You’ve been domestic and creative partners a long time. What’s the work/life balance like?
We learned a long time ago. We were doing Titus Andronicus in South Africa, at the end of the apartheid. Barney Simon of Market Theatre invited us to do a Shakespeare in Johannesburg. Tony had never performed in his home town. We suggested doing Titus, and the play itself turned from this gory tragedy to being a play about the need to break the cycles and restore a sense of reconciliation. In the evening, we would go home to this fortified compound with barbed wire in one of the suburbs. There was gunfire every night; we realized we were in the murder capital of the world. So, we’d go home, and there was a pool. I’d need a gin and tonic, to sit by the pool and forget the day, and he would go, “What about that bit in Act III Scene 3? Is that actor really going to do that?” You know, all those things. And eventually I asked him, “Please stop, I’m not going to talk about it anymore,” and he went on and on. Eventually I picked up my plate and threw it at him. We realized that we couldn’t go on like that. So, we made ground rules, to give each other space at home. It’s a much happier relationship.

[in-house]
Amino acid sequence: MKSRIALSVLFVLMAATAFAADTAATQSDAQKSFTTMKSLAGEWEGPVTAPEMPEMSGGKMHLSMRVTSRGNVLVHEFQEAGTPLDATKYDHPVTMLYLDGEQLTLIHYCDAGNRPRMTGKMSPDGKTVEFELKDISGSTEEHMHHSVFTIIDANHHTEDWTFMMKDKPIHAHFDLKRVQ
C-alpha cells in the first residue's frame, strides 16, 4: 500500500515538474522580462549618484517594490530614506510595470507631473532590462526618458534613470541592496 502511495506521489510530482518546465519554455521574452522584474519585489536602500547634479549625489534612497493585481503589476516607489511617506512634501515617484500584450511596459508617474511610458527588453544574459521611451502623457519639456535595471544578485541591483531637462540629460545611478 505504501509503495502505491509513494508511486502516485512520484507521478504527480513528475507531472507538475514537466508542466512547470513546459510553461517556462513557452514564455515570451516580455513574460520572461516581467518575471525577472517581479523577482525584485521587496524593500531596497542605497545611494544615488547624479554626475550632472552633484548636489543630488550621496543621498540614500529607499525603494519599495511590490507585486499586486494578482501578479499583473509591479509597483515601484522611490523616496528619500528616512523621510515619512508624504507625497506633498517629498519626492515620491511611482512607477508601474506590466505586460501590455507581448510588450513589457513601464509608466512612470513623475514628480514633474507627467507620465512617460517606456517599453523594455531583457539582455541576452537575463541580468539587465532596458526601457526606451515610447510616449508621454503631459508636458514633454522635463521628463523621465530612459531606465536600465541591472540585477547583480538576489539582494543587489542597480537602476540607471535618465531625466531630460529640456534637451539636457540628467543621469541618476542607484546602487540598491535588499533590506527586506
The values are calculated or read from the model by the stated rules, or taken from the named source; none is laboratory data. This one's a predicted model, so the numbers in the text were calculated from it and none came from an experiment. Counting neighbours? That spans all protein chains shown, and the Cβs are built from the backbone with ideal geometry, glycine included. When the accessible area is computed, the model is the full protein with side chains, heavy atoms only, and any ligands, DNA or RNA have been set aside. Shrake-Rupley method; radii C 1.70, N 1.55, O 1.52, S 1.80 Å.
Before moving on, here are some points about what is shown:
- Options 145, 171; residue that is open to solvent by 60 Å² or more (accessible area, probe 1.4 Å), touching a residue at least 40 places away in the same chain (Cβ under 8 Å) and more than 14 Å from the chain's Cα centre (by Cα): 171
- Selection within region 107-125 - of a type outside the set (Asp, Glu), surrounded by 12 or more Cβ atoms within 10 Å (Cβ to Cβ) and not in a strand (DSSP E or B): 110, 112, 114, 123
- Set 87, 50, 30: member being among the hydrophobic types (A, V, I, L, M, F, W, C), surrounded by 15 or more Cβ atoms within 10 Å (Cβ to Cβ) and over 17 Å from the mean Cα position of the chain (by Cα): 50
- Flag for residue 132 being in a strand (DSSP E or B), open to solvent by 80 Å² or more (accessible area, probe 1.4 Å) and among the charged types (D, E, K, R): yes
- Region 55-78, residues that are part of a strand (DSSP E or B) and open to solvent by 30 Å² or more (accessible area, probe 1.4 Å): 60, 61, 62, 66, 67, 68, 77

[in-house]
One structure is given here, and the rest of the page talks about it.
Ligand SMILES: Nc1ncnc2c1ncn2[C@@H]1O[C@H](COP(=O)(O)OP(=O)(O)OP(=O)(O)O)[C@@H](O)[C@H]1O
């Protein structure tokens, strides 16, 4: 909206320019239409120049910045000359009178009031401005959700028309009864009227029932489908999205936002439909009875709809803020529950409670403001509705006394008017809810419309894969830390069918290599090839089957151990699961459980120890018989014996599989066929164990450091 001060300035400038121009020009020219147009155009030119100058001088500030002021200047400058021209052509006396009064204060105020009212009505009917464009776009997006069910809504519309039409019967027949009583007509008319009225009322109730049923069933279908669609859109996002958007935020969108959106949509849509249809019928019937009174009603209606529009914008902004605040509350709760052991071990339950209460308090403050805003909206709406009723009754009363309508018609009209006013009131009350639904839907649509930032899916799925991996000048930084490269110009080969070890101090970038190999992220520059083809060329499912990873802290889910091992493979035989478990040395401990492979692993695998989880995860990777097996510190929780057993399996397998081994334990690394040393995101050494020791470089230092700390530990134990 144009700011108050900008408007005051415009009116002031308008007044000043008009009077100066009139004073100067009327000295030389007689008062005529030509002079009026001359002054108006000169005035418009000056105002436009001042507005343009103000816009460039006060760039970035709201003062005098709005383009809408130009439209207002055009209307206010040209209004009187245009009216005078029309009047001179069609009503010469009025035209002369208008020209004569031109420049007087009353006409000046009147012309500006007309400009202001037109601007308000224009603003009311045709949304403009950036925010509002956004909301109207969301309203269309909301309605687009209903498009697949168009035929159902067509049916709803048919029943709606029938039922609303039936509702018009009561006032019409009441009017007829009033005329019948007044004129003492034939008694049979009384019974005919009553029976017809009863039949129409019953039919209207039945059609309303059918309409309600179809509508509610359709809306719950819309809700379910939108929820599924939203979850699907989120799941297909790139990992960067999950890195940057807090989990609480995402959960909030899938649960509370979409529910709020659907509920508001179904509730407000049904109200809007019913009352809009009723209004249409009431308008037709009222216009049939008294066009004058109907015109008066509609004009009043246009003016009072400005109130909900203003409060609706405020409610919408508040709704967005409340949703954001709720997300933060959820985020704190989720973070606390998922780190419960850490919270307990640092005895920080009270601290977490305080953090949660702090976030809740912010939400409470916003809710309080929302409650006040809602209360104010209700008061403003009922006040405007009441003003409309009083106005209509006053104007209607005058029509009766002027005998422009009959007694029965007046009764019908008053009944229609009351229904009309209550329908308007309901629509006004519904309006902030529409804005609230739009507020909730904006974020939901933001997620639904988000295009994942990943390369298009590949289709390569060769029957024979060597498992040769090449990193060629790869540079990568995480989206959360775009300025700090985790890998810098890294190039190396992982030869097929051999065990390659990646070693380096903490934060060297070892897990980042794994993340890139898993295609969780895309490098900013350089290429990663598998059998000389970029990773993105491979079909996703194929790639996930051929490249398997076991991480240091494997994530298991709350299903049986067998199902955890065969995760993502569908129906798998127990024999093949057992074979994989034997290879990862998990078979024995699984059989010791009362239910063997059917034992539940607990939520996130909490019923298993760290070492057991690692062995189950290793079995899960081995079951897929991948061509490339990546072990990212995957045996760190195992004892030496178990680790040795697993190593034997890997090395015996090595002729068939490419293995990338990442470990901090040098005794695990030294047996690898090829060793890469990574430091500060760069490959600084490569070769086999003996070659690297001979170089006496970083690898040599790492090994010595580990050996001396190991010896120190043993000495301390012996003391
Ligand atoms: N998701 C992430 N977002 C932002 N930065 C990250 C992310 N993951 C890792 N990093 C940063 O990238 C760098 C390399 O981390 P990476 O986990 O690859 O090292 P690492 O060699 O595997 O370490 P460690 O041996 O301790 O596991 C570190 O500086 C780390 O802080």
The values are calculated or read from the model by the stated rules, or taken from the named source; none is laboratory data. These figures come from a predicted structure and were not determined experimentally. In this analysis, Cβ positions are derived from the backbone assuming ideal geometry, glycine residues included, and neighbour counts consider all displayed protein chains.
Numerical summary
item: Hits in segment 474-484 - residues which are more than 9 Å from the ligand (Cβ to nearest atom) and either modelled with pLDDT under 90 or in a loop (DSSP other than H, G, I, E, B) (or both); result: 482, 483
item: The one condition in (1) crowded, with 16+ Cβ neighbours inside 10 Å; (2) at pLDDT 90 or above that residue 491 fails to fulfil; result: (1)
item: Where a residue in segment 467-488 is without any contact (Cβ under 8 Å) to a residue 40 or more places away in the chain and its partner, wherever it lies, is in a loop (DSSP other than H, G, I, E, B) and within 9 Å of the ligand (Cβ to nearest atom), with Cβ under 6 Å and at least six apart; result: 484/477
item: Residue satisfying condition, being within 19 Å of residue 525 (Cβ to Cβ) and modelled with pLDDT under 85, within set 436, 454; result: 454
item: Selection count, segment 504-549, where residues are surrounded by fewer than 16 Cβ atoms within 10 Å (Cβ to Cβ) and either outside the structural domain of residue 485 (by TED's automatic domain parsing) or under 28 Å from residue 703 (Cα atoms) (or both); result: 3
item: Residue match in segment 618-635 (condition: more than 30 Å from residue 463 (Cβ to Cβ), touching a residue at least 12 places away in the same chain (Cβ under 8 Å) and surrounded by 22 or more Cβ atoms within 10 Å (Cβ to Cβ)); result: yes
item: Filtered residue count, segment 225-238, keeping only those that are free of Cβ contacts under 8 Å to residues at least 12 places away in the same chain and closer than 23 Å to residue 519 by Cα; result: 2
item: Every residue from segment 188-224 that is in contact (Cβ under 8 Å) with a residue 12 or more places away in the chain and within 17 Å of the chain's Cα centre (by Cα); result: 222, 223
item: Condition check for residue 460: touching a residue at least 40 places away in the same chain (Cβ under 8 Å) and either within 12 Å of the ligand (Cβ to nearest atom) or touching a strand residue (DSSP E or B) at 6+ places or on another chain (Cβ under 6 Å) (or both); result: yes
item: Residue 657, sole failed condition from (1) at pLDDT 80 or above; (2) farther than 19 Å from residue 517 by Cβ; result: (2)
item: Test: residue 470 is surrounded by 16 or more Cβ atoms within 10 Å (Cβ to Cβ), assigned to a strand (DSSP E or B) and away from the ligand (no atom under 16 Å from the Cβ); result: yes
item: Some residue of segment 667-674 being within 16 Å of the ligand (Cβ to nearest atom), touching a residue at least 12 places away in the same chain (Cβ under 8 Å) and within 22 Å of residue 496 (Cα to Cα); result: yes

You’ve gone on record saying Shakespeare was gay.
I think I was reacting to was what Katherine Duncan-Jones called the “heterosexualization of Shakespeare.” Talk about bowdlerizing Shakespeare: In the eighteenth and nineteenth centuries, the sonnets were bowdlerized to such an extent that all the pronouns were changed.
I did not know that.
Of the 154 sonnets, probably 120 of them are addressed to another man. I don’t know whether Shakespeare was gay. We know he married Anne Hathaway and had Susanna and the twins at a very young age. I kept on finding characters who are clearly gay, as we would now describe it. I felt that there was something about the perspective of a gay man in the society in which he existed that gave him an insight into female characters. You have an outsider’s perspective, whether that’s because you’re a Jew, because you’re a Moor, because you’re a woman, or because you’re a homosexual.
What do you think about directors giving characters or plays a distinctly queer slant?